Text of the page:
FDA will continue to use remote inspection tools to assess pending applications

The US Food and Drug Administration (FDA) issued a draft guidance at the end of September 2023 that formalizes its plans for using alternative tools to assess drug manufacturing facilities compliance with good manufacturing practices (GMPs) as it eases out of pandemic mode.  The Agency intends to build on the “success” of using these tools during the COVID-19 pandemic.  Alternative methods can include a remote regulatory assessment (RRA), which is a remote assessment of an establishment or its records, performing remote interactive evaluations (RIE) of facilities, or requesting information from foreign regulatory partners through mutual recognition agreements (MRA).

Michael Kopcha, Director of the Center for Drug Evaluation and Research’s (CDER) Office of Pharmaceutical Quality (OPQ), said that the guidance “will help the agency maintain operational flexibility to support review of drug applications and facility evaluations which could result in timely approval of drugs and facilitate the availability of new, generic, and biosimilar drugs for patients.  FDA successfully used alternative tools to evaluate facilities during the COVID-19 pandemic, and we will continue to use these tools when and where appropriate.”

The guidance applies to new drug applications (NDAs), abbreviated new drug applications (ANDAs), biologics license applications (BLAs), or a supplement to these applications.  Excluded from its scope are post-approval inspections, surveillance inspections, follow-up, for-cause inspections, and bioresearch monitoring inspections (BIMO).  The guidance fulfills part of the agreement reached between FDA and industry in the Prescription Drug User Fee Act (PDUFA VII) and the Biosimilar User Fee Act (BsUFA III) deals.  Under the agreements, FDA pledged to issue guidance on the use of alternative tools to evaluate manufacturing facilities named in pending applications.

FDA will weigh multiple factors in deciding whether to inspect onsite or use alternative methods.  The factors include whether the facility has a drug inspection history, whether the product addresses an urgent need, or whether an onsite inspection is not feasible due to travel restrictions.  FDA said for an RRA, a response from the facility is mandatory.  Refusal to comply may result in delayed action on the application due to the Agency not having the necessary information to approve the application.  Failure to respond may also result in a Complete Response Letter (CRL) to the manufacturer, according to the Agency.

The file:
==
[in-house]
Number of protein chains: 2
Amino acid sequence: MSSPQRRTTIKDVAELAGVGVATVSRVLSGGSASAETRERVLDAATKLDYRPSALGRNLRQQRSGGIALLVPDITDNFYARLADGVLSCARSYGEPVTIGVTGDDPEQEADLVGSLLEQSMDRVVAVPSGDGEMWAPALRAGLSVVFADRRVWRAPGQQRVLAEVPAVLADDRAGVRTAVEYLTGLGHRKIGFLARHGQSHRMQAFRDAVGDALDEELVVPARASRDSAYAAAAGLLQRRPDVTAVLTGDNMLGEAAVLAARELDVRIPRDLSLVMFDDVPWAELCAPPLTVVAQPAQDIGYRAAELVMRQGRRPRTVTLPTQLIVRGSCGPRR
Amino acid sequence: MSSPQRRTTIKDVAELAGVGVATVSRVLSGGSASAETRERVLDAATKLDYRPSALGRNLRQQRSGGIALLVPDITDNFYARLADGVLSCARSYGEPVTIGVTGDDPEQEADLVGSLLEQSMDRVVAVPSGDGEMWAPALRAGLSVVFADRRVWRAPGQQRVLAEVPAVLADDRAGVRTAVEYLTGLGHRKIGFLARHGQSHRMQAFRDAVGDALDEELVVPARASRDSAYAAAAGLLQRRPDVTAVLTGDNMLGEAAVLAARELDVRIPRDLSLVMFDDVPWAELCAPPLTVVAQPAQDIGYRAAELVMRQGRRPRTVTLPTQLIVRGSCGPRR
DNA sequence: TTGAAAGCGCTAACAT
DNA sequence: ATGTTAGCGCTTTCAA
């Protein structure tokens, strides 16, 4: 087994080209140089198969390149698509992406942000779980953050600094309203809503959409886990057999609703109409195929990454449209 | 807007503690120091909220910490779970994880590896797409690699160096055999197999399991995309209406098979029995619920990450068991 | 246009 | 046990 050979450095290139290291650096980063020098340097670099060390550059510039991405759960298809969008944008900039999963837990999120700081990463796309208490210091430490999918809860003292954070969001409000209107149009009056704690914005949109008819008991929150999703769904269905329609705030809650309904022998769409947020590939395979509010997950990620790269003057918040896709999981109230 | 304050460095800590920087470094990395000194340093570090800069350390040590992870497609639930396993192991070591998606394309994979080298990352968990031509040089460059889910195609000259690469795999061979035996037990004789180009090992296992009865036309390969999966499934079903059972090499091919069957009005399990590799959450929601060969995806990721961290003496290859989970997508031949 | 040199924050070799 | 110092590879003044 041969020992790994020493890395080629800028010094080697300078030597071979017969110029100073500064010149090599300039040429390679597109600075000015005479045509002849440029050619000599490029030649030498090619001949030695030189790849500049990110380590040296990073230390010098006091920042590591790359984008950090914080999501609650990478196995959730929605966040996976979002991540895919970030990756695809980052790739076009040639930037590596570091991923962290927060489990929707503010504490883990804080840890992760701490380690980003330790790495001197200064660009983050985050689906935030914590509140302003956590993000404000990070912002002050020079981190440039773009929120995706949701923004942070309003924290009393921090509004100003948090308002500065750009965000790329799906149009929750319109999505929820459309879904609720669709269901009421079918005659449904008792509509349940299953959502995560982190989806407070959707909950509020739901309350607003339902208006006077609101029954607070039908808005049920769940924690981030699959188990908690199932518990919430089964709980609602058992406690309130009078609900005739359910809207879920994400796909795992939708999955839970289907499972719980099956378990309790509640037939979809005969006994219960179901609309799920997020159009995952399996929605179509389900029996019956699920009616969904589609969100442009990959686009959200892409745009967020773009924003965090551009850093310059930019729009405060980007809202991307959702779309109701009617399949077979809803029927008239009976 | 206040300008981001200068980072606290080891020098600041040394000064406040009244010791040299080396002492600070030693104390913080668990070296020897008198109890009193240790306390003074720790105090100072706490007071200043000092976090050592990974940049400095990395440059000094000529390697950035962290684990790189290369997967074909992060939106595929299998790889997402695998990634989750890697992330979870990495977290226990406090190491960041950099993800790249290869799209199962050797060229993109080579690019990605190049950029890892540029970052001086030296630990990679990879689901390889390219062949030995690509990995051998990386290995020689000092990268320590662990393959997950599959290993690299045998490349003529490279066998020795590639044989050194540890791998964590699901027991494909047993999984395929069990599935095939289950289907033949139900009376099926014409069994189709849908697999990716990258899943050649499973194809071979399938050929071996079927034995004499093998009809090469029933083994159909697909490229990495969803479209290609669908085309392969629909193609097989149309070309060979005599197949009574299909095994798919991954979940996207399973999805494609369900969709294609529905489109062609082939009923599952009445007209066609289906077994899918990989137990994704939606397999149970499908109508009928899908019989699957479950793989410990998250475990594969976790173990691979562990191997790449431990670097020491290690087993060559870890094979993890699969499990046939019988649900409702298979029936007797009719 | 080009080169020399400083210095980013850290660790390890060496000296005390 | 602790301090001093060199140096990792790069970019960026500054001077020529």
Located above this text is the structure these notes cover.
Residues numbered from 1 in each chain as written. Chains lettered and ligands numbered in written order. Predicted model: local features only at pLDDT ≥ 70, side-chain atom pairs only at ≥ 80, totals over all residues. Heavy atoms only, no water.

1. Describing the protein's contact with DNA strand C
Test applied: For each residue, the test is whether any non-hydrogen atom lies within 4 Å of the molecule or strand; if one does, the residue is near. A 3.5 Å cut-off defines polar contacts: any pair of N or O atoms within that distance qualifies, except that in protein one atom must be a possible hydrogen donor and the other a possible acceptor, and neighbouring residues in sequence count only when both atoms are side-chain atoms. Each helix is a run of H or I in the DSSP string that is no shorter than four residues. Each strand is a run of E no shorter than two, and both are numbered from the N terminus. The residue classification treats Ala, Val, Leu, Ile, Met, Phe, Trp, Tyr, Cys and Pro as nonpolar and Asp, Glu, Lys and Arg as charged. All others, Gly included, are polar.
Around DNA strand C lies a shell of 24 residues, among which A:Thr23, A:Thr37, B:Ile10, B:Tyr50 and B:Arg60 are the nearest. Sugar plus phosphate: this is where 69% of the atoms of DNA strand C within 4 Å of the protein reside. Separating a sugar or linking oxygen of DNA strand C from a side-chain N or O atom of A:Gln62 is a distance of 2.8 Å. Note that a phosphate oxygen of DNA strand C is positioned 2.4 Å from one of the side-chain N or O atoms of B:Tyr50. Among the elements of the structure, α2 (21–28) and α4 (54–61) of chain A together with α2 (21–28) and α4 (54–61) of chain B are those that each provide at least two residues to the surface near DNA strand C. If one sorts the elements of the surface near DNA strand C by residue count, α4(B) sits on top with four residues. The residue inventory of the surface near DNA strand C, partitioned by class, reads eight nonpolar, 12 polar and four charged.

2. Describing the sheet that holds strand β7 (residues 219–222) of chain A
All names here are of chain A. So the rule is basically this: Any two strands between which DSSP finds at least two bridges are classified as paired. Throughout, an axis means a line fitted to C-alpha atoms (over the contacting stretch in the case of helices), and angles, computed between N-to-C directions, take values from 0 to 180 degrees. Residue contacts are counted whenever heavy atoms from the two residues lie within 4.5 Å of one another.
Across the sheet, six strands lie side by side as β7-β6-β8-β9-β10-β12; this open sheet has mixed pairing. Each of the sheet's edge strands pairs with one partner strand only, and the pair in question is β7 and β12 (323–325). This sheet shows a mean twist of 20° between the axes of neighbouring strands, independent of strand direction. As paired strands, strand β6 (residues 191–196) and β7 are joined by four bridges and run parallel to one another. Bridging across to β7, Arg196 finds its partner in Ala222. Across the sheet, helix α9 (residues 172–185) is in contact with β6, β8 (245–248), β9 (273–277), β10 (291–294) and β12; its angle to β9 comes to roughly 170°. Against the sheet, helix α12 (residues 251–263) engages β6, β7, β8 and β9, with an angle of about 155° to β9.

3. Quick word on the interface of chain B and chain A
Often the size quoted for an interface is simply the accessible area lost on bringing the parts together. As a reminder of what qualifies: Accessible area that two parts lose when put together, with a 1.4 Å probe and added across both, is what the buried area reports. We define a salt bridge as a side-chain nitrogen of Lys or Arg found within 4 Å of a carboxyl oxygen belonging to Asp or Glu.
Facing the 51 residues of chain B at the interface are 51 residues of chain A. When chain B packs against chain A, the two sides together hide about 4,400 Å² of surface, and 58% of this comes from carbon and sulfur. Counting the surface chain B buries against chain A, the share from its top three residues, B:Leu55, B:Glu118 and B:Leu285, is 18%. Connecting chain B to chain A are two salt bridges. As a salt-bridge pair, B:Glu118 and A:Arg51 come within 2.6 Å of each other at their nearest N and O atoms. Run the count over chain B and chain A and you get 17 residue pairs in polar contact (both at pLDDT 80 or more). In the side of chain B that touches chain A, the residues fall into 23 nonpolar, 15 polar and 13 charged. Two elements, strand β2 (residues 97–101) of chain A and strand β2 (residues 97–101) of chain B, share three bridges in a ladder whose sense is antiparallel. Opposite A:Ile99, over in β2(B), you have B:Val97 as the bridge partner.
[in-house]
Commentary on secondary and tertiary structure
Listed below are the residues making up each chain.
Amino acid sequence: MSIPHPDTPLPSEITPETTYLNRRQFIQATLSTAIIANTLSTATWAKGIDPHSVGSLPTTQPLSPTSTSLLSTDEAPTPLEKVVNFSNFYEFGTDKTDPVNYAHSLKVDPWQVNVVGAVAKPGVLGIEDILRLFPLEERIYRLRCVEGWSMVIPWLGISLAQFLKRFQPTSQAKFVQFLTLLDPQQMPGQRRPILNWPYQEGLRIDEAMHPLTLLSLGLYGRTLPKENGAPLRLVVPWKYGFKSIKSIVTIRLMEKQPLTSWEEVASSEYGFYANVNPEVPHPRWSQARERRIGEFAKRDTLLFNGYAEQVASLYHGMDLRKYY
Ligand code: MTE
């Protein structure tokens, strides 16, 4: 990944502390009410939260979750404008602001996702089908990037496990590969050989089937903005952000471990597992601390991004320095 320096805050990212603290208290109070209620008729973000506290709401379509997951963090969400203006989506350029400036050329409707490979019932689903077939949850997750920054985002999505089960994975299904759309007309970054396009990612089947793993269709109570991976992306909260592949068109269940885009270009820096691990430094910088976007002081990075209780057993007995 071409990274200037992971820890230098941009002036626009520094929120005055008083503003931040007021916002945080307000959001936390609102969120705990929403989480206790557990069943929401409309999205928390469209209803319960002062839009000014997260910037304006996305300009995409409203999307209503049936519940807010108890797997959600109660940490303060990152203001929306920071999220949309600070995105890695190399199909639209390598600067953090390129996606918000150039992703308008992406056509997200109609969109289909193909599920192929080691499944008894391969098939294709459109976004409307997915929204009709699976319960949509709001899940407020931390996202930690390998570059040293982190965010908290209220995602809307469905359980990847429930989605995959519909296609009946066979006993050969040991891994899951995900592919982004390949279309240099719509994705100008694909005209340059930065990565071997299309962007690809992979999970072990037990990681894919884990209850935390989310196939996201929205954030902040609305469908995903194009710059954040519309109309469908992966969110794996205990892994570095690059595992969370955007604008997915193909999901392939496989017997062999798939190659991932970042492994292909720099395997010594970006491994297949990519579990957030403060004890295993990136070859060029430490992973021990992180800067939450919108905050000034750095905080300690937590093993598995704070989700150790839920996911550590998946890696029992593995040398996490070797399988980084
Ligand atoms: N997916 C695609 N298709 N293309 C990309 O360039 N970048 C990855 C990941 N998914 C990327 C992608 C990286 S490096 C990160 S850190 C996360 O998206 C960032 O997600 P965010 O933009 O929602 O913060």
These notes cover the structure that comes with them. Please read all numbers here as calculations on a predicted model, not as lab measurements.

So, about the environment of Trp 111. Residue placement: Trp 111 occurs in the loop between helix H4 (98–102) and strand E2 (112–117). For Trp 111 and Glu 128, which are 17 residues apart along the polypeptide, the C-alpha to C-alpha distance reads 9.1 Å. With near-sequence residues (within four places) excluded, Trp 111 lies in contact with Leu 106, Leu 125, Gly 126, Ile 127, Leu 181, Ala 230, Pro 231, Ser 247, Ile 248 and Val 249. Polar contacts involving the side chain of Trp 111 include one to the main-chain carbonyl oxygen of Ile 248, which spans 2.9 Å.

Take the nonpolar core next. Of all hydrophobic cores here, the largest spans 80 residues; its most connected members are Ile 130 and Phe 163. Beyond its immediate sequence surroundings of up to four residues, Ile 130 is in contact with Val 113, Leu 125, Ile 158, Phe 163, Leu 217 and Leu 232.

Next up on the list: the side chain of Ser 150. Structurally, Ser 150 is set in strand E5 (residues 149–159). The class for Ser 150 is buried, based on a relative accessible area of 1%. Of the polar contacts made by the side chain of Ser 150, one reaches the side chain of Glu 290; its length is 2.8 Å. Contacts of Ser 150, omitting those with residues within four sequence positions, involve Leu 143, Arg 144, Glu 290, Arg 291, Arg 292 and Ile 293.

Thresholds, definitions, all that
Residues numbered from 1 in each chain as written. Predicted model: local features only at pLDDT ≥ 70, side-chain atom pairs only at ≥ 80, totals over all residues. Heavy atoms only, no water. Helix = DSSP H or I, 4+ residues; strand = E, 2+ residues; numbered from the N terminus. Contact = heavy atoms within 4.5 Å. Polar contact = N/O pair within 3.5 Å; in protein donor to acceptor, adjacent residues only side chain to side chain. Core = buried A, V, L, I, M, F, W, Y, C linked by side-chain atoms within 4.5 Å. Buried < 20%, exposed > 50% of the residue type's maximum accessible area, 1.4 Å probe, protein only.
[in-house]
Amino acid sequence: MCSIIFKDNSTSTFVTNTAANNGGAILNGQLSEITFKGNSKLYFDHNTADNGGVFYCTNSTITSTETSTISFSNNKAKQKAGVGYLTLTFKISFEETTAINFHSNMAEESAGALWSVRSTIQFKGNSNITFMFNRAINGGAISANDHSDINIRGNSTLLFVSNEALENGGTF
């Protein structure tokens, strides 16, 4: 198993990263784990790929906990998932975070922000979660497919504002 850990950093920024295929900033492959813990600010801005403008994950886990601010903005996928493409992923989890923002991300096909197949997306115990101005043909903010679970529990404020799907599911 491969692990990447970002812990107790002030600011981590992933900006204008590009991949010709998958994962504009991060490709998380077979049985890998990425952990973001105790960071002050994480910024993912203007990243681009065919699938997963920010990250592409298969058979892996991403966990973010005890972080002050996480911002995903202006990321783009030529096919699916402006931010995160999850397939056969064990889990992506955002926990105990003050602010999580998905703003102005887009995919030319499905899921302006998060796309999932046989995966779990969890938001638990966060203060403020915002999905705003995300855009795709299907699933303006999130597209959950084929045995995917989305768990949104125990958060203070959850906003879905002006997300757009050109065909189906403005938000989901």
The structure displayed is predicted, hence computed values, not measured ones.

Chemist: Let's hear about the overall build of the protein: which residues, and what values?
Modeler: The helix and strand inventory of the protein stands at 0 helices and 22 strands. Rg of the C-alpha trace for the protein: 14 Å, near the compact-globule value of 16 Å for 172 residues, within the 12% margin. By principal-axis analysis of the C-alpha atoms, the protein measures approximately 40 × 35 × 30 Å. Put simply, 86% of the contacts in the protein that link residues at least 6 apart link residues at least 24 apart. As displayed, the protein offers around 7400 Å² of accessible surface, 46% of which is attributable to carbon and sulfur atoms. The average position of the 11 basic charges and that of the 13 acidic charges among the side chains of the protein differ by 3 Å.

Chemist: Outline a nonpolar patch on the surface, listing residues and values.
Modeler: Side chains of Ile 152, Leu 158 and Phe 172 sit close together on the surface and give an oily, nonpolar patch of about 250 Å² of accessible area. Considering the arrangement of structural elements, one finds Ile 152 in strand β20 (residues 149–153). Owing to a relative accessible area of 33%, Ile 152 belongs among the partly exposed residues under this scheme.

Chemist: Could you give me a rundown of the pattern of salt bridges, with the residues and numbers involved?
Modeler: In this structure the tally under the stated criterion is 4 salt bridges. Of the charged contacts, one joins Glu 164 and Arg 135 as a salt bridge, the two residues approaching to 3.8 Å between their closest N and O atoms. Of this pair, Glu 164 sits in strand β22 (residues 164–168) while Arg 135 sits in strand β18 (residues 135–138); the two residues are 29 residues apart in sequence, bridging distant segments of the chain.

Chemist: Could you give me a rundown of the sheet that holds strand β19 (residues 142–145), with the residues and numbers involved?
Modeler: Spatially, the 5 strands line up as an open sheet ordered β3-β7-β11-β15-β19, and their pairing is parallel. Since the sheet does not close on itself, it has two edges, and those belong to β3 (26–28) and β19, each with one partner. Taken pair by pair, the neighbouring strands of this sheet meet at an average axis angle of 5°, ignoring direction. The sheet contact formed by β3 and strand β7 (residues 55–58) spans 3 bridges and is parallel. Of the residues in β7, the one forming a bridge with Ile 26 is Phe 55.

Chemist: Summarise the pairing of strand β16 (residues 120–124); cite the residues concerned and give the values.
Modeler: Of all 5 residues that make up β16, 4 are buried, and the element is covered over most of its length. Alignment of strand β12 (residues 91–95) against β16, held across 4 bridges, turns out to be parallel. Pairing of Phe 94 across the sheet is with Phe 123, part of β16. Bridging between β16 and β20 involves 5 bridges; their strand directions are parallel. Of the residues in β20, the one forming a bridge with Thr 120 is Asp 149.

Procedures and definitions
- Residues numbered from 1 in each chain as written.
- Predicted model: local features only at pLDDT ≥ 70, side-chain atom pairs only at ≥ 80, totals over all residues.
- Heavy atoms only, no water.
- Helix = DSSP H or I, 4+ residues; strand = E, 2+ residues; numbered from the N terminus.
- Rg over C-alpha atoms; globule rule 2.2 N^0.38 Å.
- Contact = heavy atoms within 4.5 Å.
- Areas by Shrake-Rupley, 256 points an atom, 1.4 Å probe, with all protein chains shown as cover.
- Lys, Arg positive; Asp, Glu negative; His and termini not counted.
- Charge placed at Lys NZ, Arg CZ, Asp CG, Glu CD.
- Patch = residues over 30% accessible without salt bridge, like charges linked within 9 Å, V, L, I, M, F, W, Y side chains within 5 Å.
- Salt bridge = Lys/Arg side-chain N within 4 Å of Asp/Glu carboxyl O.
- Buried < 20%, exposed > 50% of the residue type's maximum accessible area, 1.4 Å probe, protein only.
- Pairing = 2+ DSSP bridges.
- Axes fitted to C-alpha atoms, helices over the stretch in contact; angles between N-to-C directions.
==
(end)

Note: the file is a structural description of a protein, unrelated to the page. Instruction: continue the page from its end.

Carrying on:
Another alternative method that the Agency may employ is conducting Remote Interactive Evaluations (RIEs), which can include remote livestreaming video of operations, teleconferences, or screen sharing.  It note that while a company’s participation in a RRA is mandatory, an RIE is voluntary.  FDA may opt for an RIE when visual observation of a product or its manufacturing operations and virtual engagement with staff would enable a decision on an application the guidance added.  For an RIE, facilities should evaluate their capabilities to interact with FDA using technologies such as remote livestreaming, teleconferences, and screen sharing, according to FDA.  “If a facility is unable to support a virtual interaction or if FDA determines that virtual interaction during an RIE does not permit a sufficient examination of the facility or of a corrective action, FDA may terminate the RIE and instead conduct an inspection or use other available tools.”  A facility may decline participate in an RIE, but such a decision may “prolong a decision on an application.”

Another alternative tool FDA may use is to request an existing drug inspection report from a foreign partner through an MRA (Mutual Recognition Agreement).  The Agency said it may ask for such inspection reports in cases where the facility does not have an FDA inspection history or if prior FDA inspection coverage was limited.  FDA has not recognized PAIs or PLIs conducted by a foreign regulatory authority in the context of a MRA but added that it “does collaborate with regulatory authorities and assesses shared inspection information to support application decisions.”  FDA may use one or more of these alternative tools to assess applications, according to the Agency.

The draft replaces earlier guidance on RRAs released in September 2022, and an earlier draft on RIEs issued in April 2021.  Stakeholders could submit comments on the draft guidance on regulations.gov under docket no. FDA-2023-D-3031 until 21 November 2023.

REFERENCE:  Regulatory Focus (A RAPS Publication; Regulatory News); 22 SEP 2023; Joanne S. Eglovitch